Since 2015, Truth and Reconciliation has been a central theme of official federal Canadian First Nations policy and has had a profound cultural influence, as NPQ covered last November. But when it comes to control of energy resources…well, maybe not so much.
It would appear that the Canadian government is engaging in double talk that surely will seem highly familiar for readers south of the 49th parallel. Jeffrey Ansloos, a professor of indigenous mental health and social policy at the University of Toronto, writing in Maclean’s, pointed to some of the shortfalls in 2017. The governing Liberal Party, Ansloos observes, likes to:
talk about reconciliation [but] their version precludes questioning the legitimacy of the Canadian state that has been in perpetual violation of its own treaties since Confederation. Liberal recognition takes pride in Indigenous representation to ensure that the cabinet “looks like Canada,” while ignoring Indigenous governance and instead favoring tepid consultation with federally structured band councils…
A case in point emerged this week in British Columbia when Gidumt’en Checkpoint, a camp of the Wet’suwet’en people, was raided by the Royal Canadian Mounted Police (known as the RCMP, or Mounties). The checkpoint blocks a fracked gas company from building a pipeline through Native territory.
The Wet’suwet’en are a group of First Nations clans in British Columbia that never ceded their lands to Canada via treaty, as was declared by Canada’s Supreme Court in 1997. All five clans have opposed a proposal by Coastal GasLink, a project of TransCanada Corporation, to build a fracked gas pipeline through their territory.
TransCanada says it has signed agreements with elected officials of the 20 First Nations groups along the pipeline’s route, but the Wet’suwet’en are not governed by elected officials; they are governed by hereditary tribal elders. (One thinks of the parallel situation in British-governed Kenya, when colonial administrators appointed “chiefs” of indigenous groups whose authority had no basis in those nations’ governance structures.) Those elders have rejected the Coastal GasLink pipeline.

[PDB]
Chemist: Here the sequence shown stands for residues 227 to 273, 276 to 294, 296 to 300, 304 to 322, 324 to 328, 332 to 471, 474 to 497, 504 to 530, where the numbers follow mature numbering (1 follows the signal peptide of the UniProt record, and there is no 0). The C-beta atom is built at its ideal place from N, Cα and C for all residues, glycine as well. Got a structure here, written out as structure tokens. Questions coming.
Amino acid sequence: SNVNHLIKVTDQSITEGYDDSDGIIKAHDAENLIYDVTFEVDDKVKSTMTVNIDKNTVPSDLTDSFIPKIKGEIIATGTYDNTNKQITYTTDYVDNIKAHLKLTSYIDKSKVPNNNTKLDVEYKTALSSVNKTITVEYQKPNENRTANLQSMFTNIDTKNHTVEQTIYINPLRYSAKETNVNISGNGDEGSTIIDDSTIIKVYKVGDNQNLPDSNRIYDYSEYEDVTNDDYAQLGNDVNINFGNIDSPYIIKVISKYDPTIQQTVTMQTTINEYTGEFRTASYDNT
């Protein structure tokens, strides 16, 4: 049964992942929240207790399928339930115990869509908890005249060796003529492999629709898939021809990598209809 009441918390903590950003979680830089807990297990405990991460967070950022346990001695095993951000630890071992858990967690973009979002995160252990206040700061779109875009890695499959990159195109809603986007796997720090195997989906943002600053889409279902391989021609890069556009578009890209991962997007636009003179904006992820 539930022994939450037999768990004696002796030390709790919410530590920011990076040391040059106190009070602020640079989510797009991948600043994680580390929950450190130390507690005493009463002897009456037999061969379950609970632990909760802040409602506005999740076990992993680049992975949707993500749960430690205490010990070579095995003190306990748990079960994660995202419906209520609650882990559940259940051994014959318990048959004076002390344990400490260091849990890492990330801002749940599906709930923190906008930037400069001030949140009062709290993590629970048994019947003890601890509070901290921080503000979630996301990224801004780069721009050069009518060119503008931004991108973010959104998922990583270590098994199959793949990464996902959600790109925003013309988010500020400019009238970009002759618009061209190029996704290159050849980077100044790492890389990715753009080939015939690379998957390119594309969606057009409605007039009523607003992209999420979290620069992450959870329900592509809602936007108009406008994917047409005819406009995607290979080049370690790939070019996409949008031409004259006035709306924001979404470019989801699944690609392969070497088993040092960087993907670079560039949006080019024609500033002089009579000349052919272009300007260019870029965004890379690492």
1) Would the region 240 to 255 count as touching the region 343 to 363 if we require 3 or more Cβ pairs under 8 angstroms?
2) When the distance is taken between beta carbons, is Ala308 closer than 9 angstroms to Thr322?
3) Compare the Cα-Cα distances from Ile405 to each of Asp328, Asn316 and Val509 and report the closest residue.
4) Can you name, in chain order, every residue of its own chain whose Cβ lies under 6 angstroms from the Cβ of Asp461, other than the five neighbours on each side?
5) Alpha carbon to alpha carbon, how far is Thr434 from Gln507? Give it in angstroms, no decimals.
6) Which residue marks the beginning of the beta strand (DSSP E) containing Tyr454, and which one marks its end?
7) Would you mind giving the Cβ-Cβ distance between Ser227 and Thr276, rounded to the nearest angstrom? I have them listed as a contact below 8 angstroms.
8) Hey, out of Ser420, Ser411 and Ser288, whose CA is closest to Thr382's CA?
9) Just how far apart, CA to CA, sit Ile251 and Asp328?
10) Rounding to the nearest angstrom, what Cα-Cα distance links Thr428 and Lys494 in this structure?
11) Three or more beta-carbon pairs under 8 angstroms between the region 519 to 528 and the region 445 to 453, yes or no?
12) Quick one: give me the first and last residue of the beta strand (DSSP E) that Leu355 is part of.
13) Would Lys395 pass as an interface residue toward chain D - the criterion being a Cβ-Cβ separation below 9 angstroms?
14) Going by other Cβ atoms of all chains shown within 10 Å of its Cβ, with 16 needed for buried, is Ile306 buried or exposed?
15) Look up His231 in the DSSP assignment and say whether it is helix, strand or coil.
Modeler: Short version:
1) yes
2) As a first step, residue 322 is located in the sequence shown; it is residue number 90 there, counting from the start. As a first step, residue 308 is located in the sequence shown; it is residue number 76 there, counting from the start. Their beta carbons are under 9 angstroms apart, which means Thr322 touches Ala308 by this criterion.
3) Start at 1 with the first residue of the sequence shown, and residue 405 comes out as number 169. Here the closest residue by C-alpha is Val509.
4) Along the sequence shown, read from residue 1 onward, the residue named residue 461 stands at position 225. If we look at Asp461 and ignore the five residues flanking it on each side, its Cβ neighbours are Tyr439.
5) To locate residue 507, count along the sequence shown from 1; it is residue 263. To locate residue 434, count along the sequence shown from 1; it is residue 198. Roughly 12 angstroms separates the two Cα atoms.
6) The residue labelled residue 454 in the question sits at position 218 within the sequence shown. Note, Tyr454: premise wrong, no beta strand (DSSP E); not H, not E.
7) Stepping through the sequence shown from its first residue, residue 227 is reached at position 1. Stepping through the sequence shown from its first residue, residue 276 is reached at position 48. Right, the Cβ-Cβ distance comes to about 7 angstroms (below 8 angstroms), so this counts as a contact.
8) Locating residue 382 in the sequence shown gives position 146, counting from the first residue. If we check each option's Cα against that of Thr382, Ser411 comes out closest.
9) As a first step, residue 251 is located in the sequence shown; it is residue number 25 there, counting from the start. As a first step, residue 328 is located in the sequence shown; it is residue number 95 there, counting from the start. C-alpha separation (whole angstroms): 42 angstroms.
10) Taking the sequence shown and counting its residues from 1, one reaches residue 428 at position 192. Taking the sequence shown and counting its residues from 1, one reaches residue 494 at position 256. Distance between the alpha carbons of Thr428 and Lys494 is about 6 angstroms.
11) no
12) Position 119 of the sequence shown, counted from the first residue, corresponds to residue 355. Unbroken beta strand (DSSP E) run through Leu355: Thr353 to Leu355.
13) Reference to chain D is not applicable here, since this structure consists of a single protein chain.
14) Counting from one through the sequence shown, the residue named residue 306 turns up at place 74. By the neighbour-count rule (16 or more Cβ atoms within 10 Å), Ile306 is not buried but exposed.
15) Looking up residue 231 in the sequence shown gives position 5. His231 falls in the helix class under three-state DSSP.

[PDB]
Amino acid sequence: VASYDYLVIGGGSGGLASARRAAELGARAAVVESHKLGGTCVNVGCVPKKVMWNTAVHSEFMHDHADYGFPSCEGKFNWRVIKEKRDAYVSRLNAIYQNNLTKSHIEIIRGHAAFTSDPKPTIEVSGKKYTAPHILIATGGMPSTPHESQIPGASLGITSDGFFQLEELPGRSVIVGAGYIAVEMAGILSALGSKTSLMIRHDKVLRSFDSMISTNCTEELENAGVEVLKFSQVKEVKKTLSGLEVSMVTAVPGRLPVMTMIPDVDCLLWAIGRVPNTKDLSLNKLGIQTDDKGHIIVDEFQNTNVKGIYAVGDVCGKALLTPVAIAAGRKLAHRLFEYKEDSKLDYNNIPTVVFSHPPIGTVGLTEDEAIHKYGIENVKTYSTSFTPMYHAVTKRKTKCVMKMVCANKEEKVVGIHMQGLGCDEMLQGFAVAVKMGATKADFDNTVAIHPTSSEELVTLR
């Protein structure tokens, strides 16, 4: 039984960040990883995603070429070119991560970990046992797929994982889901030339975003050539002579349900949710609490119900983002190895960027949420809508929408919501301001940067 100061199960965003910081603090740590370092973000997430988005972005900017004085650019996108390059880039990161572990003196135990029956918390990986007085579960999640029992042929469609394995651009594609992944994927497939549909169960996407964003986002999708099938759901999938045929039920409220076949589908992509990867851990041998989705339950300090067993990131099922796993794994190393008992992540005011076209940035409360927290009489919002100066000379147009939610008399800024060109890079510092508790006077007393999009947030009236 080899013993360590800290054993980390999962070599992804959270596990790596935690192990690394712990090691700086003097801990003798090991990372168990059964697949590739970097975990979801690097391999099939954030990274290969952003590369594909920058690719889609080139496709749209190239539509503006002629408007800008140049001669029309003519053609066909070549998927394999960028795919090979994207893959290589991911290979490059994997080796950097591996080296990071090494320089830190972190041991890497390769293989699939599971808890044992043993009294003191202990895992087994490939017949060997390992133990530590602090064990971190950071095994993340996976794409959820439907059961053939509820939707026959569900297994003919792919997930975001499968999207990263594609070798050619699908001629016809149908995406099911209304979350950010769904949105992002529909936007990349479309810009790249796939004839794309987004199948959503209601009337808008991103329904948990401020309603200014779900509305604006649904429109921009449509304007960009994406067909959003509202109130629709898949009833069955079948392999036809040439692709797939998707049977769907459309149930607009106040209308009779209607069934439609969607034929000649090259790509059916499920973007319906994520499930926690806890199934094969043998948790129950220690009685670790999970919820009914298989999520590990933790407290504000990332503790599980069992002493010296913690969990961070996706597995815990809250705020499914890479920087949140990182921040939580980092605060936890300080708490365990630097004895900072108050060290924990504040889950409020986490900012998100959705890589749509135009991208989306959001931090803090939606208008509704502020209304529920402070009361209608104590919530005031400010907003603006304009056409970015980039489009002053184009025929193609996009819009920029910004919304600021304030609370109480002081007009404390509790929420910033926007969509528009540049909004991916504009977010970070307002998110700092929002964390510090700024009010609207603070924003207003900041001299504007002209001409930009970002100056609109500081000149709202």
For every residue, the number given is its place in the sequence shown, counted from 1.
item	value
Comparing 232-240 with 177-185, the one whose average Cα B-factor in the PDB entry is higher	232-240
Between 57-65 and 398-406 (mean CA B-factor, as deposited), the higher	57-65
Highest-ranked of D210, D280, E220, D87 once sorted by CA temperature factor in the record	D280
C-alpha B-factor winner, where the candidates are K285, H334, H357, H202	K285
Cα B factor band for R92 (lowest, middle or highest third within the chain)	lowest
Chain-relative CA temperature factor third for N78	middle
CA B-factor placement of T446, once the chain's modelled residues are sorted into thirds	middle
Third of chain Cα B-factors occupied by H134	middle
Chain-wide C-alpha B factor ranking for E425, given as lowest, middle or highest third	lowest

The Unist’ot’en of the Gilseyhu clan say they erected the Gidumt’en checkpoint seven years ago on the area of the planned pipeline. On Friday, a BC Supreme Court justice issued an amended injunction authorizing the RCMP to clear the path for the pipeline. The defendants (the First Nations people on their own land) have until January 31 to file a response, and until then, the court says they are prohibited from interfering with pipeline business.
In Tuesday’s raid, the RCMP arrested 14 people at the checkpoint.
BC Premier John Horgan compared natural gas extraction project to the “moon landing” in terms of its potential benefits to an “economically deprived region.” It is the single largest private-sector investment in Canada’s history.
A report by Jeffrey Monaghan of Carleton University and Miles Howe of Queen’s University in the Canadian Journal of Sociology revealed starkly how the Canadian authorities view indigenous protestors. According to Justin Brake of National News, “Monaghan and Crosby used access to information laws to uncover thousands of pages of documents from the RCMP, CSIS and government agencies.” The report revealed that the Canadian authorities evaluate First Nations protestors not on potential or demonstrated “criminality” but on their ability to mobilize public support. In other words, the government judges its response to land justice movements based upon how bad the protestors can make them look. Brake writes,
It also shows the government’s risk assessments of Indigenous protests, court injunctions initiated by private corporations against Indigenous people, and RCMP policing tactics all favor corporate interests and private property rights over Indigenous rights and title.
This includes the current resistance by land defenders and hereditary chiefs to the Coastal GasLink LNG pipeline slated to run through unceded Wet’suwet’en territory.